The report also recommends that NIH appoint a director of the program with institutional authority, professional expertise and structural support to lead the effort. NIH agrees that such leadership will be instrumental to the success of the study and will immediately launch a vigorous national search for a candidate. NIH has appointed Josephine P. Briggs, M.D., as the interim director of the NIH Precision Medicine Initiative Cohort Program. Dr. Briggs, a nephrologist, is the director of the National Center for Complementary and Integrative Health. Her own research has focused on mechanisms of diabetic kidney disease. She brings extensive experience in oversight of clinical research to interim leadership of this program.

"I want to commend the Precision Medicine Initiative Working Group. They worked at unprecedented speed with an incredible amount of passion to deliver an excellent plan," said Dr. Collins.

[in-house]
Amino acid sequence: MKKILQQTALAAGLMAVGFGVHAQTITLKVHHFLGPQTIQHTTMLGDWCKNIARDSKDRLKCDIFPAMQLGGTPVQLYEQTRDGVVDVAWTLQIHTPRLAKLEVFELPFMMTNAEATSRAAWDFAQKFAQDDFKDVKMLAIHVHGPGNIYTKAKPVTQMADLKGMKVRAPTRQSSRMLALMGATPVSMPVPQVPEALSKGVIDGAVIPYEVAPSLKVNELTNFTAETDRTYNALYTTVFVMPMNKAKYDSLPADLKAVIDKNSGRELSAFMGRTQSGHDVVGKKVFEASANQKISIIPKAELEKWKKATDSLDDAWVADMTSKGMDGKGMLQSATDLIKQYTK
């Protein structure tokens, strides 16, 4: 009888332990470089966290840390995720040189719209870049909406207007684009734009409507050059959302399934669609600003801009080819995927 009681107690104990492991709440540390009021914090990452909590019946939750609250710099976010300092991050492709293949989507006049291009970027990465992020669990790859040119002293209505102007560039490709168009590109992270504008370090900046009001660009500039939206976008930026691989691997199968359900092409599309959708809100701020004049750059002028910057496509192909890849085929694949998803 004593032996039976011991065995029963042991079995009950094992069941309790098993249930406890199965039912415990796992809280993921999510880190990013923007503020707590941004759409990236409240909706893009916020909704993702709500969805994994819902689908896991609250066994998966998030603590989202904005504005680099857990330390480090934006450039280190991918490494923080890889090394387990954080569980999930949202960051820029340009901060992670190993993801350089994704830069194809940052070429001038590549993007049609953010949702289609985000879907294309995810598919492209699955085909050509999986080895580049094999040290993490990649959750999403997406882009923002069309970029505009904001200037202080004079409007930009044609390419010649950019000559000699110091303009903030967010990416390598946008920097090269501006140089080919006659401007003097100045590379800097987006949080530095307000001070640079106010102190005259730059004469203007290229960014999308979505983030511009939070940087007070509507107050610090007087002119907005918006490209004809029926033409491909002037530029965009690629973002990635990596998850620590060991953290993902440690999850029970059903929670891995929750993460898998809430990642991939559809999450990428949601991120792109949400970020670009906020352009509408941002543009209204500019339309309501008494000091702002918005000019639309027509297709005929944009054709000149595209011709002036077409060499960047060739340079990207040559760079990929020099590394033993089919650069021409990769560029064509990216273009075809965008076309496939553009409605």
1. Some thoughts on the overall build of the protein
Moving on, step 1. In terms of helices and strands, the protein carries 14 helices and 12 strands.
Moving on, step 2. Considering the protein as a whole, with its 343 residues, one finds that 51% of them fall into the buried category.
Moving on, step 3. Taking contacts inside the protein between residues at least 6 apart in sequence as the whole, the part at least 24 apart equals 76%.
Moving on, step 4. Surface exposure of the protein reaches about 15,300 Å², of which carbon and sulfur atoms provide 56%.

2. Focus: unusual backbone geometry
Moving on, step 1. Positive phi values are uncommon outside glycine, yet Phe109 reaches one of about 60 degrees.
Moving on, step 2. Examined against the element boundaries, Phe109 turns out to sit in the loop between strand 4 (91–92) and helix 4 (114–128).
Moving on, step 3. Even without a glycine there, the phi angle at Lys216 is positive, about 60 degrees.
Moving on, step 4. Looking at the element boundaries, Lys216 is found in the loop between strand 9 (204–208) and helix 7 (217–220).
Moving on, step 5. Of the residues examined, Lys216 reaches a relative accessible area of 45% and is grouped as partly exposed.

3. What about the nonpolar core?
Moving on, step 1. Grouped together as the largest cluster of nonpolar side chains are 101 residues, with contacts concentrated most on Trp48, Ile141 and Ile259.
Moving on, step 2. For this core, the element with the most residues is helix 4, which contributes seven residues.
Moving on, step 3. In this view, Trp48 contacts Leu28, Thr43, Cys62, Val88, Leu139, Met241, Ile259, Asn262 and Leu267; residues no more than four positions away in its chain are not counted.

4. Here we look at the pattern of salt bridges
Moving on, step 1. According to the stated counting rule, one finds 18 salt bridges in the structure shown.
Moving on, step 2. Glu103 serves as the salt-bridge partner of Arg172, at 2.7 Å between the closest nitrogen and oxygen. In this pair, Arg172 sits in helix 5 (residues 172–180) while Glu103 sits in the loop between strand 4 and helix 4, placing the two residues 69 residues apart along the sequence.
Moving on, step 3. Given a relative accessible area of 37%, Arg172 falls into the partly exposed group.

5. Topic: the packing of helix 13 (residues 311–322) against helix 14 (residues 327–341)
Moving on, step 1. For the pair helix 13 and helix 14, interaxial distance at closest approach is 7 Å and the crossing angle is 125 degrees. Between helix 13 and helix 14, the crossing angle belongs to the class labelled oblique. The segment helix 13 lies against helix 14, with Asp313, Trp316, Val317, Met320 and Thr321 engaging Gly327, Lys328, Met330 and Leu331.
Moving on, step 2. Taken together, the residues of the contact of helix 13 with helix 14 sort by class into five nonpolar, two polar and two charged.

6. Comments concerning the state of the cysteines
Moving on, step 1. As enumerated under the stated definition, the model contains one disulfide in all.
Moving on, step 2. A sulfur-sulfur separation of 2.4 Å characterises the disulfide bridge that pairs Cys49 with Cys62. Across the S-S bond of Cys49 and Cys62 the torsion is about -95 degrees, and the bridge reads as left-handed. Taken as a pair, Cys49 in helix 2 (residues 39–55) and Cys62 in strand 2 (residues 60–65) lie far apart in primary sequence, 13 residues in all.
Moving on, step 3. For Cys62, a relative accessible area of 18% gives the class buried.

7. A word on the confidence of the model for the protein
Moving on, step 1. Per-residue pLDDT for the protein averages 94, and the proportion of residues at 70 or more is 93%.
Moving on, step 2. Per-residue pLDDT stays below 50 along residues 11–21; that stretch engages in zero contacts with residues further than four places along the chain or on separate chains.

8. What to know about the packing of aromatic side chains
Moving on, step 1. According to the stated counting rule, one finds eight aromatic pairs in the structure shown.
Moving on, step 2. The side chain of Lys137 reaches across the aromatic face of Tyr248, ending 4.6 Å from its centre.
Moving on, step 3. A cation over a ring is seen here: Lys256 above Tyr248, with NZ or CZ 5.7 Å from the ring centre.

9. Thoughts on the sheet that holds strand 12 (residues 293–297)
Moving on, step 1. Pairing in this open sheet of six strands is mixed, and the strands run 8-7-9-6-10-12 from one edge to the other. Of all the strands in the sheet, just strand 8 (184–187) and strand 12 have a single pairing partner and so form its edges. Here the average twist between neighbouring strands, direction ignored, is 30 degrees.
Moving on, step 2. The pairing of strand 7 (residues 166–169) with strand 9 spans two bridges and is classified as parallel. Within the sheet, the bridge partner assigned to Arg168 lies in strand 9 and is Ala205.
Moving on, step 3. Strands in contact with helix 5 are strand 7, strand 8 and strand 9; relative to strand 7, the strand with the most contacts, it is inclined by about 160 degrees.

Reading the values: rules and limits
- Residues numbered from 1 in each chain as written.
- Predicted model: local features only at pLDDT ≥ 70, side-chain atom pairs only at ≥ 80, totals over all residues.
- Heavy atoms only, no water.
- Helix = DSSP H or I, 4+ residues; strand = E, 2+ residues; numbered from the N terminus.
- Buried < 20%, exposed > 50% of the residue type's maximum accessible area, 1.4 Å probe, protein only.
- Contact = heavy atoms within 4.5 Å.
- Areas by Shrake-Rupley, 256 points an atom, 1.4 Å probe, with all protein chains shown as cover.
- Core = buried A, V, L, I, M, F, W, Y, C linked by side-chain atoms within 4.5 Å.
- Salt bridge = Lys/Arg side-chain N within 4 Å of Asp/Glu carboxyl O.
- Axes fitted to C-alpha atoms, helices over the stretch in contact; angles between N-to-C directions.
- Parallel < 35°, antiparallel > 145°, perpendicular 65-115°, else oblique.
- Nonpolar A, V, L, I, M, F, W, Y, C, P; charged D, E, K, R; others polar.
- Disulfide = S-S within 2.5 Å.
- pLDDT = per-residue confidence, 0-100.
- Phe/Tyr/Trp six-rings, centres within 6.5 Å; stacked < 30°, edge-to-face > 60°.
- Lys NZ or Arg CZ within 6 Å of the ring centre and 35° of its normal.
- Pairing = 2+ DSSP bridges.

There are many components of the President's Precision Medicine Initiative and many federal partners, including the U.S. Food and Drug Administration and the HHS Office of the National Coordinator of Health Information Technology.

The ACD advises the NIH Director on policy matters important to the NIH mission of conducting and supporting biomedical and behavioral research, research training, and translating research results for the public.

For more information about the Precision Medicine Initiative and the ACD working group:

The Office of the Director, the central office at NIH, is responsible for setting policy for NIH, which includes 27 Institutes and Centers. This involves planning, managing, and coordinating the programs and activities of all NIH components. The Office of the Director also includes program offices which are responsible for stimulating specific areas of research throughout NIH. Additional information is available at

About the National Institutes of Health (NIH): NIH, the nation's medical research agency, includes 27 Institutes and Centers and is a component of the U.S. Department of Health and Human Services. NIH is the primary federal agency conducting and supporting basic, clinical, and translational medical research, and is investigating the causes, treatments, and cures for both common and rare diseases. For more information about NIH and its programs, visit